But the other segment of the interview took place along the walkway bordering the Rose Garden that leads to the President’s office. Here, there was only one camera. It was shoulder-mounted, or possibly on a body-pod. The lighting and sound is not as good as it is inside. The shot may not be as steady. So the reporter and camera-operator need to use different techniques outside.
One of them is the classic walk and stop. The President and Mr. Croft are chatting as they walk down the sidewalk toward the camera while the camera is also moving backwards. At some point, Mr. Croft stops. Mr. Obama then also stops and the camera-operator gets the chance to better frame the two of them while they continue to talk. This is a technique reporters often use to take subtle control of the conversation. You’ll see them use this slightly dramatic device a lot at the start of their stories as part of their lead in.
But one camera greatly limits how this portion of the interview can be edited later because there isn’t the flexibility that comes with video provided by other cameras. And if you have an interviewee like the President who is being closely managed by a communications manager or other staff who probably want to get him inside, there may not be time to get the best shots that make the editing easy and seamless later.
This was clear during the outside portion. You see the President and Mr. Croft standing together. The shot was framed so that Mr. Obama’s right profile was facing the camera while Mr. Croft was to his left and almost centered. In the next shot, the two men are at 45 degrees to each other and centered in the camera – a two shot. In TV parlance, the abrupt scene change is called a jump-cut. Since there was no second camera, there was no reaction shot, so the abrupt change couldn’t be hidden. And its likely that the decision was made that the President would not be asked to repeat answers so the camera operator couldn’t get a shot that would make the editing easier and less jarring later.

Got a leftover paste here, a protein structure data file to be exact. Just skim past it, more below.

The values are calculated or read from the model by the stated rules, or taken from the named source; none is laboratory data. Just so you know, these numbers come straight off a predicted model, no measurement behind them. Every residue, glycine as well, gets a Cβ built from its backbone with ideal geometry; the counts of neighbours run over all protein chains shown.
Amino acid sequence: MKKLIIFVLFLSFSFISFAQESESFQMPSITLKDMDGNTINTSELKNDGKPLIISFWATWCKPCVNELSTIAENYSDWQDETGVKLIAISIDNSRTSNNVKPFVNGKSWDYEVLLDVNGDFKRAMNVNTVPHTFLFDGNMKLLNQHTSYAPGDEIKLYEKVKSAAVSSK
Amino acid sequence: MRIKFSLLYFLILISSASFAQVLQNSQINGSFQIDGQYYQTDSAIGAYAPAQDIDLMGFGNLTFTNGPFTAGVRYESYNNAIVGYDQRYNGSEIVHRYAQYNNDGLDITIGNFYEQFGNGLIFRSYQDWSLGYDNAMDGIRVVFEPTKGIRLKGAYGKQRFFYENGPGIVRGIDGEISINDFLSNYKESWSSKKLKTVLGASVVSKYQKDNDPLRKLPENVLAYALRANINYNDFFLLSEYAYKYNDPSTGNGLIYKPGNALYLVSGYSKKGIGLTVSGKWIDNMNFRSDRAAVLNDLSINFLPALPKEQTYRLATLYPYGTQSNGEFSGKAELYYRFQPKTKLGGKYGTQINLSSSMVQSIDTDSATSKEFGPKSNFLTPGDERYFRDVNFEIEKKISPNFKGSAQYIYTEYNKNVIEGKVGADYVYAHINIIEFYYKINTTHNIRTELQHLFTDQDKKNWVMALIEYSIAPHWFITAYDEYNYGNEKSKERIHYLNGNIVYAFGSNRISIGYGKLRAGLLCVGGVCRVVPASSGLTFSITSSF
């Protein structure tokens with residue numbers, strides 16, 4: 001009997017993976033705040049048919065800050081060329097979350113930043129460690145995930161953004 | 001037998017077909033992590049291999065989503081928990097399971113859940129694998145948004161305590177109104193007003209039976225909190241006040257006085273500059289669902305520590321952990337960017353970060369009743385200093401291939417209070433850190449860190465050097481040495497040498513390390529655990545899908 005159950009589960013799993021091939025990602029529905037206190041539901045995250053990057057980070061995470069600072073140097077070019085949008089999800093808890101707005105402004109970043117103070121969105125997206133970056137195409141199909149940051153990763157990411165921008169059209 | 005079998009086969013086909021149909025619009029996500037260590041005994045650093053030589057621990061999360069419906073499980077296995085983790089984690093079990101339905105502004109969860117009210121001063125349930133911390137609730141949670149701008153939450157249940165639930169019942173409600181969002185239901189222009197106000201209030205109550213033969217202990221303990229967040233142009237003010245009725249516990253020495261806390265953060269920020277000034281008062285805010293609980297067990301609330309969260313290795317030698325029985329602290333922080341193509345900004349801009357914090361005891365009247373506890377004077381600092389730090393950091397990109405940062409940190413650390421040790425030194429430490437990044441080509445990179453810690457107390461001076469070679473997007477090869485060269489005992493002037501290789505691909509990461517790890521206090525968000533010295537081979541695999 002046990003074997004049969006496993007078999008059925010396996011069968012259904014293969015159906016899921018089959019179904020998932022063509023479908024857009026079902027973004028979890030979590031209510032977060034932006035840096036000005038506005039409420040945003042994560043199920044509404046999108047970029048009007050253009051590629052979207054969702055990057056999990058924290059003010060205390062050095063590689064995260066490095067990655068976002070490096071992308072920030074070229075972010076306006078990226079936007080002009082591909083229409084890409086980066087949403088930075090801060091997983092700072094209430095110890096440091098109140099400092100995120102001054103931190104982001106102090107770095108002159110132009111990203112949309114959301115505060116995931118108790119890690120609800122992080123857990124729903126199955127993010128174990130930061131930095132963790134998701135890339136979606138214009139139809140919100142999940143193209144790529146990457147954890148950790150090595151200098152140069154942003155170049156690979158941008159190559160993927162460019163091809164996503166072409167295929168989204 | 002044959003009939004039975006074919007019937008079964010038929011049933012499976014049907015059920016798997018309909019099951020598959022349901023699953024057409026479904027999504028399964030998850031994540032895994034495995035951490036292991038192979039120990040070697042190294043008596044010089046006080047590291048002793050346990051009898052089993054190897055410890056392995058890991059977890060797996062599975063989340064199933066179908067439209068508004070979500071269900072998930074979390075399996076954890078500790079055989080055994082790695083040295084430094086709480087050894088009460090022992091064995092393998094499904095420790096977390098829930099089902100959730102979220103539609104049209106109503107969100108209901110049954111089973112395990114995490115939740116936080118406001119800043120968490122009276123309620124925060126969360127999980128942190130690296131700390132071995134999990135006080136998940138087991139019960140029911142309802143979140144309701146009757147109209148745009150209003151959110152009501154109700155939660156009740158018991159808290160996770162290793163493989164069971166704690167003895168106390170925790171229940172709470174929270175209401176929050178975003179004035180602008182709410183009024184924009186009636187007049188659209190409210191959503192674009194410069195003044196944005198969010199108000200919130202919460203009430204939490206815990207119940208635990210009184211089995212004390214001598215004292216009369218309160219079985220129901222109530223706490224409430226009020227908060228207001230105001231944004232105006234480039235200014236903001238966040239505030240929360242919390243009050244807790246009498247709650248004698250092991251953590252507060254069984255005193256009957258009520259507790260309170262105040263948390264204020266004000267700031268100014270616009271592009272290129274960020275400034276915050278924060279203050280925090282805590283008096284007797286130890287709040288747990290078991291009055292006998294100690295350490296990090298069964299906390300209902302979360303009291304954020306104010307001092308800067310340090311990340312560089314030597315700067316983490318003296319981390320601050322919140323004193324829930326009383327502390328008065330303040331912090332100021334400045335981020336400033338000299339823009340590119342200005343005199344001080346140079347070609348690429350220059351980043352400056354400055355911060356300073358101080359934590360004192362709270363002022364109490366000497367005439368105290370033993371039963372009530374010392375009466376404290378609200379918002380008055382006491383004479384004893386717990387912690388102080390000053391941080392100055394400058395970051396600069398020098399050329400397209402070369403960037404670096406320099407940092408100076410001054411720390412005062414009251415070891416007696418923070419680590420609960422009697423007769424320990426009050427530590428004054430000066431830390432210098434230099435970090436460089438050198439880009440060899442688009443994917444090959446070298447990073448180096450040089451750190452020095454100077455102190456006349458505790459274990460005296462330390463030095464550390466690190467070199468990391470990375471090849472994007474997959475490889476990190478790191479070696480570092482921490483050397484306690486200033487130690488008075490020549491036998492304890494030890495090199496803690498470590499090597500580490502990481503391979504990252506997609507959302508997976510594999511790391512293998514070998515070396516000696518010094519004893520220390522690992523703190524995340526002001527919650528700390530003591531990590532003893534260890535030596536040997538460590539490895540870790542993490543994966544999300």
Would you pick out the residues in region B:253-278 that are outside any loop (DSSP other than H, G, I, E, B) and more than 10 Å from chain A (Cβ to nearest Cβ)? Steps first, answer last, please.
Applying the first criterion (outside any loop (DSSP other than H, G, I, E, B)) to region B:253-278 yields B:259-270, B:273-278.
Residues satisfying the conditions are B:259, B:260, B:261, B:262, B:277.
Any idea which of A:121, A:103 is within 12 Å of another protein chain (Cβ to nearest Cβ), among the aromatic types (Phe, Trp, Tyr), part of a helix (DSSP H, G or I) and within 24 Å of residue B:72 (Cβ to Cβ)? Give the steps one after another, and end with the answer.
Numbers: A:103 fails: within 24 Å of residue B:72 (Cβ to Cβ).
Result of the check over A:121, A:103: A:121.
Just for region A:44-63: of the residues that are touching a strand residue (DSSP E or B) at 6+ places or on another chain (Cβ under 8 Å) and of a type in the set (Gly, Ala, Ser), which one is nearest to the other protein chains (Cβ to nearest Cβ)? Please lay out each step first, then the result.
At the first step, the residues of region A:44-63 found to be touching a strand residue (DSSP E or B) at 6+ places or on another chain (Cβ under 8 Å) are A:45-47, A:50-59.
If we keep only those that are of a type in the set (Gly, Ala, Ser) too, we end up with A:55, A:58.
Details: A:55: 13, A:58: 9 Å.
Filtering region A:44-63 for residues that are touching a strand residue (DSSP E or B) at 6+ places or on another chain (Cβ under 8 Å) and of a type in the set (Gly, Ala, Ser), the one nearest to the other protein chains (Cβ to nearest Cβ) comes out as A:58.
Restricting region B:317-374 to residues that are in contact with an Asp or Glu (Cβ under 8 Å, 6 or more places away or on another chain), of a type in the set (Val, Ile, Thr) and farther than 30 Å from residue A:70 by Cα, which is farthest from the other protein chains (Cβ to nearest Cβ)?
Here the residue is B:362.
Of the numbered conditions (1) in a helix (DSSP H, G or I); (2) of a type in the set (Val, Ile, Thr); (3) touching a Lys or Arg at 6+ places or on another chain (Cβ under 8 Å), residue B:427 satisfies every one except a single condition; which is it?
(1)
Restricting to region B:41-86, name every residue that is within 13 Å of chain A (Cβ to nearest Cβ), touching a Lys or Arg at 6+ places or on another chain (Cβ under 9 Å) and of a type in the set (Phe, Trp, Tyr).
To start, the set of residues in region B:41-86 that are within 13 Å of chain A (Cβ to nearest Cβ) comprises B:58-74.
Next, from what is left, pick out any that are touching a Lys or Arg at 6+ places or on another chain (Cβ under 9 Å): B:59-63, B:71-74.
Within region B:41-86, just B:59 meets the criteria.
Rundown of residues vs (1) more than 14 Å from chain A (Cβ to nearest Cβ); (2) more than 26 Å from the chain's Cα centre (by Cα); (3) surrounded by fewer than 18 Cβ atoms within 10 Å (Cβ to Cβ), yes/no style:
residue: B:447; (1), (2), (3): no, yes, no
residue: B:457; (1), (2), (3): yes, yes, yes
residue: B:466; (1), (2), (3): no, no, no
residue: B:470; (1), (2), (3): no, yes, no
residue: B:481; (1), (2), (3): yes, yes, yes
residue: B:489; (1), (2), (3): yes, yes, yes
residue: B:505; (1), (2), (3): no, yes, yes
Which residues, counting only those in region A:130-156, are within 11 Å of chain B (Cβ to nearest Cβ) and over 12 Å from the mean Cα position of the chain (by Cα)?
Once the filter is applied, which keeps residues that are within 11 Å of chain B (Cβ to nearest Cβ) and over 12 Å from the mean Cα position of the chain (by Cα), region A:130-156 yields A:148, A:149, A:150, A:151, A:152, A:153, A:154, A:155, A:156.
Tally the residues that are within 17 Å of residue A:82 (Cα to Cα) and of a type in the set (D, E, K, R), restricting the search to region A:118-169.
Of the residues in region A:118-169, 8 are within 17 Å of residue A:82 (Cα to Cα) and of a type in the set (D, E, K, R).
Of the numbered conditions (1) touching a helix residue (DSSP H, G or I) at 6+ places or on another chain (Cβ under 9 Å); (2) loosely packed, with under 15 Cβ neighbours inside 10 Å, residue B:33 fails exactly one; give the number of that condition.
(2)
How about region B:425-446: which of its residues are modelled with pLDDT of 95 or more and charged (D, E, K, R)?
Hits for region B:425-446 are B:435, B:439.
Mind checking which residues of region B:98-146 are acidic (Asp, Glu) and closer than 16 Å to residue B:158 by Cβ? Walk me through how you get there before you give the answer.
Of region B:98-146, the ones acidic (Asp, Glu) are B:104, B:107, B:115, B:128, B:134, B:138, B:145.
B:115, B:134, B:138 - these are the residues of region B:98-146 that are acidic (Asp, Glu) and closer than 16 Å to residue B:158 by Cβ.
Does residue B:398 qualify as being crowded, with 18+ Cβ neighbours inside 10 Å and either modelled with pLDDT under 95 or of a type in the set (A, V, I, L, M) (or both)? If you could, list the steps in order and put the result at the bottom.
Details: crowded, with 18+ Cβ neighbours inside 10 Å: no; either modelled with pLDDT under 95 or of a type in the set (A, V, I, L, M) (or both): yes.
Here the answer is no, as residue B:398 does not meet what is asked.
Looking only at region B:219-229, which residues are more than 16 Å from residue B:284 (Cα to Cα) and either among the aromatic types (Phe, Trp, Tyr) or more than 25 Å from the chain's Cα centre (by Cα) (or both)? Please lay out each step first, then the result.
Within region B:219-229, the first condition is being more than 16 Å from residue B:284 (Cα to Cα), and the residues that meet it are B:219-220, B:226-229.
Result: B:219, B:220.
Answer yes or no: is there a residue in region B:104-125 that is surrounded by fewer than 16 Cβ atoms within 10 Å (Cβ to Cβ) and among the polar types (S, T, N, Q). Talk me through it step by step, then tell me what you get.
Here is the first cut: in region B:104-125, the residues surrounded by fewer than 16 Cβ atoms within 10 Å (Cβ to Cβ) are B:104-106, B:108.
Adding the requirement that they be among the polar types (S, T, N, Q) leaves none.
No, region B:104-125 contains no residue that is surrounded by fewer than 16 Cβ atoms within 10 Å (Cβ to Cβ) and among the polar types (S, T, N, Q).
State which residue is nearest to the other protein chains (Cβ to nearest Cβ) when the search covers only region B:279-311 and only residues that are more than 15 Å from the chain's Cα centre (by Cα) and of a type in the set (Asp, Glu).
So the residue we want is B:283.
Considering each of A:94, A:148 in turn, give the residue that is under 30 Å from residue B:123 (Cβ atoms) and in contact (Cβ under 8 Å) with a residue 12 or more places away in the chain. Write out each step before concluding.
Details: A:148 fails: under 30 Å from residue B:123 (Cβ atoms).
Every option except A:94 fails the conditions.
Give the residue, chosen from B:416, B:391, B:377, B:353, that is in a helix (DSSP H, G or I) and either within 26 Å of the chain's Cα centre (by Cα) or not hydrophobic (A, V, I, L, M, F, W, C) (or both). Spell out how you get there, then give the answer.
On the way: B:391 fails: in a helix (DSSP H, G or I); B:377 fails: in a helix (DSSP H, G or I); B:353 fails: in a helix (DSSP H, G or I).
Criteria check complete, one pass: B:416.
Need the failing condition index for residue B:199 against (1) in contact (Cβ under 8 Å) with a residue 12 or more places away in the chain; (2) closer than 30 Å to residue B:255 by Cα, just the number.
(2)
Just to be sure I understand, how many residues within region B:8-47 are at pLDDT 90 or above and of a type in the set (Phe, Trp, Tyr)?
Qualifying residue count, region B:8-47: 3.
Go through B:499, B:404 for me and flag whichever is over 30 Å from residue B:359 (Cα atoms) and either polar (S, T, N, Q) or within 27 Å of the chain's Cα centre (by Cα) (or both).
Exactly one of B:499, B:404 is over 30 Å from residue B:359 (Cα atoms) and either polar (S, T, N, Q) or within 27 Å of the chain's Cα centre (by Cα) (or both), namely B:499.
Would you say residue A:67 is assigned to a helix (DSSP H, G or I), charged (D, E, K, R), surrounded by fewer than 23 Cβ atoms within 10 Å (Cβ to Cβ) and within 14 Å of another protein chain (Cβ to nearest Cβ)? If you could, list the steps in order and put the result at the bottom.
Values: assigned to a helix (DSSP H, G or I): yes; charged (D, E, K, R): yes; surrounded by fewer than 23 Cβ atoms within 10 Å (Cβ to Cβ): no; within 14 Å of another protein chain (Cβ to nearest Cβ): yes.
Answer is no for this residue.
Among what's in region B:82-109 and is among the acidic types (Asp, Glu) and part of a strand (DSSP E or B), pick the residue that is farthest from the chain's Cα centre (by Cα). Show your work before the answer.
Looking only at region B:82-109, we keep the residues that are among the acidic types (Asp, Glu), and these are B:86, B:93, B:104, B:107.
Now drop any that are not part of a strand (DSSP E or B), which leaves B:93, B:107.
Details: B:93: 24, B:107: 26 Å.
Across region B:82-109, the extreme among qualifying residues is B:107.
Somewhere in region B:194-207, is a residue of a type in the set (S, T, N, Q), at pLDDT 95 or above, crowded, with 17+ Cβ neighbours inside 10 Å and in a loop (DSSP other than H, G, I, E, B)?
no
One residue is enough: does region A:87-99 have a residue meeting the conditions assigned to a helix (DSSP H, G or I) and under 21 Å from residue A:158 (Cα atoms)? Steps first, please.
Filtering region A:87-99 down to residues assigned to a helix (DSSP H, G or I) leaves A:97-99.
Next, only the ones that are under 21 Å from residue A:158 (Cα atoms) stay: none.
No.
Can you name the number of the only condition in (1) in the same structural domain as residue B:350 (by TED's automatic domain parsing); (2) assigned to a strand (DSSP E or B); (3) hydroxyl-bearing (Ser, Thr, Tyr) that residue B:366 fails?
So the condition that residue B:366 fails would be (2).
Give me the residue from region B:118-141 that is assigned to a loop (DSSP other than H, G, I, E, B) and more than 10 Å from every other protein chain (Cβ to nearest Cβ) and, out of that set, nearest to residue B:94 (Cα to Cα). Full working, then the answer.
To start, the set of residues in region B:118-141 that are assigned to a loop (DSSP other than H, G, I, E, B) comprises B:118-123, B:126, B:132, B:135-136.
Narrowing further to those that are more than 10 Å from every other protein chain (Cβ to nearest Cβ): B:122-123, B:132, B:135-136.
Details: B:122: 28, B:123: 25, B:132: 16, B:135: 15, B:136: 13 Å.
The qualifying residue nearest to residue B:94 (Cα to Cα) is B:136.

I’ve spent many years behind a video camera, both in the studio and in the field, and as just as many in an edit bay. When you’re shooting and you know you can’t get the shot you need, you’re not looking forward to the editing because you know it’s not going to look the way you want. But sometimes, it just can’t be helped.
(Official White House Photo by Pete Souza)
As Jon Stewart prepares to leave The Daily Show, actor Mark Ruffalo tonight performed a three minute roast of Stewart’s notoriously poor attention to the movies and books of his guests. From Patrick Stewart to Maggie Gyllenhaal, the segment showed how Stewart not only showed he rarely if ever read the books or watched the movies of his guests, but how he often didn’t even know the roles they played or the major characters they created. I blogged about this in what I thought was a excellent flaying of him by for this kind of neglect by Jennifer Lawrence.
Interviewers should spend a lot of time preparing to talk to the people who agree to talk to them because they don’t want to look or sound like idiots. But only one thing seems to be more important in the eyes of the audience than preparation, and that is personality.
A lot of interviewers think and have been trained to believe that seriousness equals credibility. We think any emotions we show makes people not take us seriously. We think, like in the fields of politics, science and the law, a dispassionate demeanor is much more believable than a passionate one.
But Jon Stewart found the balls to the wall balance between New Jersey punk and New York attorney. Since 1999, he’s gotten away with saying shit that is literally peppered with the word “shit” and the audience loves him for it. So if he doesn’t know all of the scenes in a movie or all of the plotlines in a book, so the hell what? He has charmed his way through so many blank spots with so many “A listers” that they’ve probably come to not expect anything different. It’s who he is.
But he also made up for those flubs when Donald Rumsfeld, Bill O’Reilly, Pervez Musharraf and Tony Blair among other sacrifices came onto his show. Stewart showed he understood the complex policy issues well enough to eviserate many of them for their unpopular or untenable positions.
It was fun to watch clip after clip of him mush mouthing his way through his artistic cluelessness. At the end, in a turnabout, Ruffalo pretended to not know anything about Stewart’s 2014 cinematic effort, “Rosewater” and spoke about it in platitudes. It was cutting, fitting and funny.
But Jon Stewart can be like the old Peter Falk character, “Columbo”; you think he’s bumbling until he suddenly rips your throat out. All of us behind the mic should be so bumbling.
Boy, am I going to miss him.